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PC market decline forces devices to evolve

Despite the well-documented decline of the PC market, opportunities around 2-in-1s, niche markets and Windows 10 arise to keep businesses buying new computers.

As demand for new PCs in business continues to shrink, hardware and operating system advancements could keep IT interested.

Vendors continue to make progress with PCs through longer battery life, faster processors, more memory, better displays, and lighter and thinner casings. Additionally, many PCs now boast touchscreen displays and 2-in-1 form factors to entice organizations with mobile workers -- and to accommodate Windows 10, which could also drive future sales. But, as it stands now, the worldwide PC install base will decrease from 1.49 million units last year to 1.33 million units by 2019, according to Gartner.

"Smartphones and tablets cut into the market, but you need desktops and laptops as the main devices for workers," said Mikako Kitagawa, principal analyst at Gartner. "It doesn't mean PCs are going to go away."

What's a PC vendor to do?

The PC market decline has led to small vendors getting smaller and large vendors getting larger, Kitagawa said. Vendors had to reduce prices to address the decrease in demand, leading to lower profit margins on fewer sales -- a tougher hill to climb for a smaller provider than for a larger one. The four largest vendors -- Lenovo, Dell, HP Inc. and Apple -- continue to collect more market share, while the market itself shrinks.

"The market is much more of a commodity market," Kitagawa said. "You won't survive if you don't sell a lot of them. That's a challenge."

Evolving the hardware and software to meet businesses' needs for mobile users has been one way to stand out in the market. Microsoft's Surface device has become the most popular 2-in-1 since its release in 2012, and the company's Continuum feature attempts to bridge the gap between mobile and PC interfaces.

The PC market is still there in the enterprise.
Jeff Janovichcloud solutions architect, Carlisle Construction Materials

Some PC vendors have found their place in niche markets. For example, Panasonic Corp. made a name for itself with its ruggedized laptops and hybrid devices for verticals such as military and construction, which need devices that can withstand the elements and are tough to break.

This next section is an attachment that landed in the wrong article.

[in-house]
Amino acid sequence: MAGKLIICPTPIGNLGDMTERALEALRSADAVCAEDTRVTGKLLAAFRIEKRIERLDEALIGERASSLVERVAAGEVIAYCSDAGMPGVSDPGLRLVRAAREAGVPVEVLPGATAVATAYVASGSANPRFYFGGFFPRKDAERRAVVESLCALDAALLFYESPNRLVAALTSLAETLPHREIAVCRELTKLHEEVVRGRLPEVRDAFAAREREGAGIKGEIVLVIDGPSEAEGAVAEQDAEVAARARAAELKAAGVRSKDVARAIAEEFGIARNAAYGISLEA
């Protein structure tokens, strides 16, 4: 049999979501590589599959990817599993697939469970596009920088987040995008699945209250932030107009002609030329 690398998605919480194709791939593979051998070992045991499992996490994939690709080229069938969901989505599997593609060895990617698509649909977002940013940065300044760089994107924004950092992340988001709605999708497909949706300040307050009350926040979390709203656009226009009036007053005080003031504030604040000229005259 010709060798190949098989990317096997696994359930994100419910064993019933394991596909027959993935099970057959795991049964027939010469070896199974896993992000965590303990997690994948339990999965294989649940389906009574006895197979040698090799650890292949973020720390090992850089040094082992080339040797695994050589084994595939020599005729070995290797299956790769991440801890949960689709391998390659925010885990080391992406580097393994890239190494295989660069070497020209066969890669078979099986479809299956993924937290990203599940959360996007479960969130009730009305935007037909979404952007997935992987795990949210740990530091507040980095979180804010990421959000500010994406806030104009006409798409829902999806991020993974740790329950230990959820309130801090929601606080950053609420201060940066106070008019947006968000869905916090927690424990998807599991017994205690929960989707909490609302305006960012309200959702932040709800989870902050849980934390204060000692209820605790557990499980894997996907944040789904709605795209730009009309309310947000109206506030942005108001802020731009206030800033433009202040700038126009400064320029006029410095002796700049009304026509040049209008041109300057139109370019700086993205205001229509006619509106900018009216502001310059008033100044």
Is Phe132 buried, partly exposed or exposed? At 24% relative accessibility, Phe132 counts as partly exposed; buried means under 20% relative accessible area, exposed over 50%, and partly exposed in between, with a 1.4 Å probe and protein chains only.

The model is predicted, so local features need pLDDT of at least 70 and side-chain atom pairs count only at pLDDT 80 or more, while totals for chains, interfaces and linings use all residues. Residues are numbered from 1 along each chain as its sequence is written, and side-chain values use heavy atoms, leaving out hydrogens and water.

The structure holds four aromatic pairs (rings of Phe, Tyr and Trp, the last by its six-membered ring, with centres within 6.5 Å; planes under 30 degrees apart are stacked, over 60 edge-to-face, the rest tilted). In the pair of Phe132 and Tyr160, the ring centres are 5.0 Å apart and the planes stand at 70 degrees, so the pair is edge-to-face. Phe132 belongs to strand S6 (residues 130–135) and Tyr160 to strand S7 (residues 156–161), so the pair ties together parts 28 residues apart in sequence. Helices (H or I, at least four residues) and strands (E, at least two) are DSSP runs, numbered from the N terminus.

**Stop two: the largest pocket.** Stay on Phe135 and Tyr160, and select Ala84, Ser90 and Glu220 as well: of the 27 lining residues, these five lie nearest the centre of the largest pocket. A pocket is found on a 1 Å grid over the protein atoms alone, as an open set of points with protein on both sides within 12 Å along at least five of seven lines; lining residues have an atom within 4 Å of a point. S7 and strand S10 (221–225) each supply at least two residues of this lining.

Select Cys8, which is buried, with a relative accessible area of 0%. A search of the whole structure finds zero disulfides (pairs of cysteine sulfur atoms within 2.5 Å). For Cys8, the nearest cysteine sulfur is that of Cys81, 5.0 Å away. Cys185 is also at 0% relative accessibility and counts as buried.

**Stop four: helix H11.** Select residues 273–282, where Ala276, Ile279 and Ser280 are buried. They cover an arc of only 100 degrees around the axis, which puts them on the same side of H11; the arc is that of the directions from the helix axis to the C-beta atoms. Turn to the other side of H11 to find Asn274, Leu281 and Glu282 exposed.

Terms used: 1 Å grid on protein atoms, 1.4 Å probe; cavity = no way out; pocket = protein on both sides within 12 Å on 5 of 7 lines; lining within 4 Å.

Despite the PC market decline, the PC form factor is still more ideal for getting a lot of work done than the smaller screen and lower processing power of a smartphone or tablet. At Carlisle Construction Materials in Carlisle, Pa., for instance, field workers use iPads to enter information into apps, check email and more. But if employees need to do anything more complex, they'd rather do it on a PC, said Jeff Janovich, a cloud solutions architect at the company.

"Mobile devices are fine for basic business tasks on Office apps, but for any other extensive work, it doesn't cut it," Janovich said. "The PC market is still there in the enterprise."

Windows 10 to the rescue

Businesses typically replace their PCs every three to five years. But that lifecycle is flexible, and in some cases, businesses might ditch their current PCs sooner when adopting Windows 10, said Doug Grosfield, president and CEO of Five Nines IT Solutions, a Dell and Lenovo partner in Kitchener, Ont.

If a user has a laptop from 2008, for example, and is trying to run Windows 10 on it, he or she may notice shortfalls, because Windows 10 is ideal for newer PCs.

"We are seeing pressure put on businesses to replace hardware in an accelerated fashion, because the advancements of OSes require a little more advanced technology on the hardware side," Grosfield said.

Windows 7 end of support is Jan. 14, 2020, so in the next four years, there will be a growing incentive for businesses to move to Windows 10, Grosfield said.

"There will be an upsurge in PC sales because of that," he said.

Additionally, today's workforce is mostly comprised of Millennials, driving organizations to stay current. With outdated PCs, millennials will not be happy at work, said Patrick Moorhead, president and principal analyst of Moor Insights and Strategy, a research firm in Austin, Texas.

"Never before have workers decided where to work based on the tools and equipment provided as much as they do now," Moorhead said. "Its thin PCs that you're not embarrassed to be seen with, not a clunker, [and] good wireless and displays, because employees blend work and play."

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